Hope Black calls it “Spencer’s Mountain,” and she is only slightly exaggerating.

The unpaved driveway leading to her Greene Township home meanders up and up and up … a full quarter-mile, where the neatly appointed A-frame sits on a flat expanse, nestled against woods.

She and her husband, Dave, share their domicile with two of their adult children and two dogs. Minutes after arriving, a visitor realizes the family shares much more: love and adversity, both in profound quantities.

This closely knit clan from “Spencer’s Mountain” has been dealing with mountains of woe in recent times. Hope’s mother, Ruby Wise, who lives nearby with her husband, had a massive stroke in 2014 that paralyzed her right side.

Then, on Sept. 7, 2016, almost exactly a year ago, Hope and Dave’s daughter, Brittany, was diagnosed with acute lymphoblastic leukemia. It is the most common of childhood cancers; however, according to webmd.com, “it is the least common type of leukemia in adults.” Brittany is 26.

Mountains of woe, indeed. Mountains of challenges, too, that they have to navigate – literally, in Dave’s case.

For the past three years, the family patriarch has been a driving force in a less-traditional sense. He has chauffeured his mother-in-law to numerous treatments and therapies in Morgantown, W.Va. And for the past year, he has driven and accompanied his daughter to chemotherapy treatments at UPMC Hillman Cancer Center in Pittsburgh, and to UPMC Shadyside for platelets, blood transfusions and four- to seven-day admissions for another type of chemo. She also receives spinal chemotherapy.

Dave’s round trip between the Steel City and the outskirts of Garards Fort in Greene County is a grueling 120 miles, and Brittany’s care is intensive, sometimes requiring weekly excursions. She began her latest multiday treatment Thursday.

“When they go, it’s not just a four- or five-hour ordeal. It’s all day,” Hope said.

But that doesn’t dissuade Dad.

For his selfless service to family, Dave Black is the Observer-Reporter’s ExtraORdinary People person of the month. “Dave deserves this award for being the person that he is,” Hope said in nominating her spouse, now the undisputed king of his mountain.

He is a thin retiree with a long, blond ponytail that belies his 67 years. Dave, who has a winning smile and personality, and speaks easily and modestly, is a longtime former employee of the U.S. Army Corps of Engineers at the Point Marion Lock & Dam.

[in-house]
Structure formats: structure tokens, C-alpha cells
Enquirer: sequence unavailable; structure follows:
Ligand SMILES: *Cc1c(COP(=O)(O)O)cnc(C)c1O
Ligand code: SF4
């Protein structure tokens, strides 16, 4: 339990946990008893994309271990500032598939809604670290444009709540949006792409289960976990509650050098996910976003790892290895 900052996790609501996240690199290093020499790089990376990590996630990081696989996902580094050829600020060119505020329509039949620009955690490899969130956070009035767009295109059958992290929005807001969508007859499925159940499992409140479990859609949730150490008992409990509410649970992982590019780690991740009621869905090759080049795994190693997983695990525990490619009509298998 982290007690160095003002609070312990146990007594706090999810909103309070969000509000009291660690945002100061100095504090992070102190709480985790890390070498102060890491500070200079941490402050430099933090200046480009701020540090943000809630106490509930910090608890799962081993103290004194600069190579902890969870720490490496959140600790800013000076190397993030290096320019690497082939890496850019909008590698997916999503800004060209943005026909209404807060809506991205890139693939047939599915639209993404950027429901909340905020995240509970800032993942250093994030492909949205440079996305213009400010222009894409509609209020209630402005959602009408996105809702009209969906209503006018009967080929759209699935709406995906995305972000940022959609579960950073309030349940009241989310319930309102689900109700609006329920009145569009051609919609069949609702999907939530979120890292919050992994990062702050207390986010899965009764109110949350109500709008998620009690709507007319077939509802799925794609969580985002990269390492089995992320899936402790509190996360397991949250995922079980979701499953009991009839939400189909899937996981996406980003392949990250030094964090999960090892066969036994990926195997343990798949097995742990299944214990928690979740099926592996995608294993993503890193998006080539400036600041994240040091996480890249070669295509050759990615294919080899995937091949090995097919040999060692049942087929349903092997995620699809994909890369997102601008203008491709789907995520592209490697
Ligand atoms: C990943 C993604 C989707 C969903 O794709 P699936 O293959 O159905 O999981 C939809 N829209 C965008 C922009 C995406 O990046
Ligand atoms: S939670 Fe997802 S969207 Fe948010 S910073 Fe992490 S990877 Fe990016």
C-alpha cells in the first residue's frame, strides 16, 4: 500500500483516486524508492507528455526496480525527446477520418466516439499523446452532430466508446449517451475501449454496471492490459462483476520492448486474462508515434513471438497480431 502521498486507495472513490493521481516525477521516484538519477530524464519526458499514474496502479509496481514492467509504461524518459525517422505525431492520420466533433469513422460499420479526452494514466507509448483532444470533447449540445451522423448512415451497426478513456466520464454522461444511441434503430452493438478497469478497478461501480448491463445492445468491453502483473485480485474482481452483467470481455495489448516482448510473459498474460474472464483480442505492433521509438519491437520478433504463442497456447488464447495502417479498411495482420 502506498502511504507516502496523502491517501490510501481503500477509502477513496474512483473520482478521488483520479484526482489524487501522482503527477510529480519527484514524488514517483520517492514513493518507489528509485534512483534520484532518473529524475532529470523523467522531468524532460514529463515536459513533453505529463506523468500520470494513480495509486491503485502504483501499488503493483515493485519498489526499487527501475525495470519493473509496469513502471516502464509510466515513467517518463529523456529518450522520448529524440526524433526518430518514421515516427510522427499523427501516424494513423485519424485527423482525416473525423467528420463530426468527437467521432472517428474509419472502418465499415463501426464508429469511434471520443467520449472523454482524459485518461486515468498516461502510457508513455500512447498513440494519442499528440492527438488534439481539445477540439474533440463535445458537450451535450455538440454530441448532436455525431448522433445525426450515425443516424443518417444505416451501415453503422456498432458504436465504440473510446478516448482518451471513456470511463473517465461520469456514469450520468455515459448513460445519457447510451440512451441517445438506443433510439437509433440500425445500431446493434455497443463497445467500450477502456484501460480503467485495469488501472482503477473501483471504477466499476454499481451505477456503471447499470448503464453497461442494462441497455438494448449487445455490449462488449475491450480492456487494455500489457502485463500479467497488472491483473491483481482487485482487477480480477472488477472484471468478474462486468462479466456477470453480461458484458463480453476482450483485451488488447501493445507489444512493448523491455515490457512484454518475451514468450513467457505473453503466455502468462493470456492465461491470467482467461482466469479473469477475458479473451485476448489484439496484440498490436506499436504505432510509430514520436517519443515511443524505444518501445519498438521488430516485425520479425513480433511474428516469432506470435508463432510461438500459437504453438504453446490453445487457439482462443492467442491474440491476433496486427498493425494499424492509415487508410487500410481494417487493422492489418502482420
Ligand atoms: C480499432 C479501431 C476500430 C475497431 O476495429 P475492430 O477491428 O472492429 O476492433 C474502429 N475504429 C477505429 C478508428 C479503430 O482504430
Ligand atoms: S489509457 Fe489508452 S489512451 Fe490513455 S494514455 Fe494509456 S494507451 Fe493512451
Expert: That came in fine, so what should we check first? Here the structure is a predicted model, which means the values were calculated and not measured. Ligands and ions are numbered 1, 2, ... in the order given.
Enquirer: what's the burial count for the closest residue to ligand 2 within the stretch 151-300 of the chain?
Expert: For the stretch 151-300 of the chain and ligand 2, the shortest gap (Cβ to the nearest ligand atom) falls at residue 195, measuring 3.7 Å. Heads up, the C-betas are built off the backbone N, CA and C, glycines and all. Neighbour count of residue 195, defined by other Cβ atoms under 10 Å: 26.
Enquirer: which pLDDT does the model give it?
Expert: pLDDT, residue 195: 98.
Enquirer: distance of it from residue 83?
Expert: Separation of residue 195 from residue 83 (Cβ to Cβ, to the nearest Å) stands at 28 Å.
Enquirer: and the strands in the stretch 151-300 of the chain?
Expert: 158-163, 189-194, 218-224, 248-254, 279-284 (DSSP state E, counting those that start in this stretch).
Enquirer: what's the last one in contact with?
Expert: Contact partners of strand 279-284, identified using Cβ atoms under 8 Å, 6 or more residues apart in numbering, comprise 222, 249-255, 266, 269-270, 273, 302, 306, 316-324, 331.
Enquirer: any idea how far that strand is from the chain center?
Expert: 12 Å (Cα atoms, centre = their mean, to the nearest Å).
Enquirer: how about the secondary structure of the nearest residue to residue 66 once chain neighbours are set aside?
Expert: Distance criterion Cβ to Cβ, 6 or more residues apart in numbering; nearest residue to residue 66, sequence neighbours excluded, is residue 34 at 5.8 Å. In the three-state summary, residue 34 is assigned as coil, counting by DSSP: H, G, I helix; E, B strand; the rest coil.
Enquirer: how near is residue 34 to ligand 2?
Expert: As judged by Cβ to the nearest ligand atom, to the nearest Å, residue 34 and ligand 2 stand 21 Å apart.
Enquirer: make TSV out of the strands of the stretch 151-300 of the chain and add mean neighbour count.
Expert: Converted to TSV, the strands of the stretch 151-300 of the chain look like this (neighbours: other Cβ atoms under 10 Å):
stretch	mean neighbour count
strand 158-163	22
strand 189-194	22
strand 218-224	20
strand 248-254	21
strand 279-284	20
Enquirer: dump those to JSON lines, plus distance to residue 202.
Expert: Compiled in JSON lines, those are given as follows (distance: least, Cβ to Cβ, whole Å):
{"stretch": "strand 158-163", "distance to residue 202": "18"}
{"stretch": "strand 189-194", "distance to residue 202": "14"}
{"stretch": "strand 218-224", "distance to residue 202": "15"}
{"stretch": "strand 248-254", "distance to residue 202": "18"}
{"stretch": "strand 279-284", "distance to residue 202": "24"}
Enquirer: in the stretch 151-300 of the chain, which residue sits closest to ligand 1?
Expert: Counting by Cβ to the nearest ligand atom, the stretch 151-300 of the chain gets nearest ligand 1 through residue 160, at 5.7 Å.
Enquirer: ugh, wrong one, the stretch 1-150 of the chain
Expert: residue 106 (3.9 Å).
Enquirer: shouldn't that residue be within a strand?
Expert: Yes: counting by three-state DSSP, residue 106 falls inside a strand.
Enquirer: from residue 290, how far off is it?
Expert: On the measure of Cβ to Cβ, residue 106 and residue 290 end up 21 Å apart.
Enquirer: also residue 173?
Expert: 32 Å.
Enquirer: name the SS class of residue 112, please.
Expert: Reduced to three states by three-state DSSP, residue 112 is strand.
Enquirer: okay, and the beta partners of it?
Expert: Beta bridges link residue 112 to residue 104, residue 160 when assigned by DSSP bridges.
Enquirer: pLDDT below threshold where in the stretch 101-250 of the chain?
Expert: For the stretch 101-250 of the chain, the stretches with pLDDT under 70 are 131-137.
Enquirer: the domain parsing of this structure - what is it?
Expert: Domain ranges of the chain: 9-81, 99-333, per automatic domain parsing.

Hope, 52, is a payroll specialist for NexGen Industrial Contracting, an engineering firm in Rices Landing. The company specializes in steel mill, excavation, mining, oil, gas and electrical services.

Though each has been married more than once, Dave and Hope have been together for 27 years – a true commitment. Both are originally from southeastern Greene County, where they reside now on 87 acres. Between them, they have six children and six grandchildren.

The Blacks are a loving group, which was evident during a recent interview outside the home with Dave, Hope and Brittany. They sat on separate chairs near one another, alternately slinging arms around shoulders or embracing, and did the same while posing for photos and video.

Asked how this disease has affected the family, Hope and Brittany said almost in unison, “It’s made us closer.”

Brittany, because of her vulnerability, is often a focal point. She has a rare and aggressive form of leukemia, a cancer of the blood and bone marrow that affects white blood cells. Her treatments seem endless, and the effects are physically and psychologically taxing. Her immune system also has been compromised.

“I’m not sure I want my picture taken,” she said sheepishly, pointing to her mostly hairless head. Then she backed off, began to smile and allowed a sensible, well-spoken woman to emerge.

In May, eight months after Brittany’s diagnosis, Dave and Hope fulfilled one of their daughter’s most fervent wishes: a Florida beach vacation.

“It was worth every penny and every credit card charge to give her this experience,” Hope said. “She got better and better while we were there.”

As with the vast majority of cancer patients, Brittany has good days and not-so-good days.

“I feel well in the morning, but sometimes it’s tough,” said the 2010 graduate of Mapletown Junior/Senior High School. The ordeal prevents her from working at Albatross Ventures in Carmichaels, where she was a manifold attendant, but where she hopes to return once she is sufficently healthy.

Brittany now has a lot of spare time and watches a lot of TV. “And fight with the dog,” her father said playfully, referring to the young woman’s German shepherd pup, Chloe Chanel.

The young woman is devoted to her mother and father and decided months ago to legally change her last name from Elli to Black. She is so devoted, in fact, that she said something that was downright shocking.

“I have two goals in life,” Brittany said. “My first goal is to live for a little bit. My second goal is to go before my parents go. ... I don’t want my parents to die.”

Hope and Dave quickly shushed her, encouraging their child to fight hard and prevail in this tough but winnable war. The couple want Brittany to ultimately assume the driver’s seat in this race for life.

Dave is certainly accustomed to the driver’s seat, and doesn’t mind going the extra mile – actually, thousands of extra miles – for his daughter. He is as satisfied being king of the road as he is king of his mountain.

“Dave is everything,” Hope said of her extraordinary spouse. “The world needs more people like Dave.”

Editor’s note: As part of the ExtraORdinary People award, Dave Black will be given $500, underwritten by the Observer-Reporter and Range Resources, to donate to the charity of his choice. He has selected Unity, A Journey of Hope, as the recipient of the donation.

ExtraORdinary People
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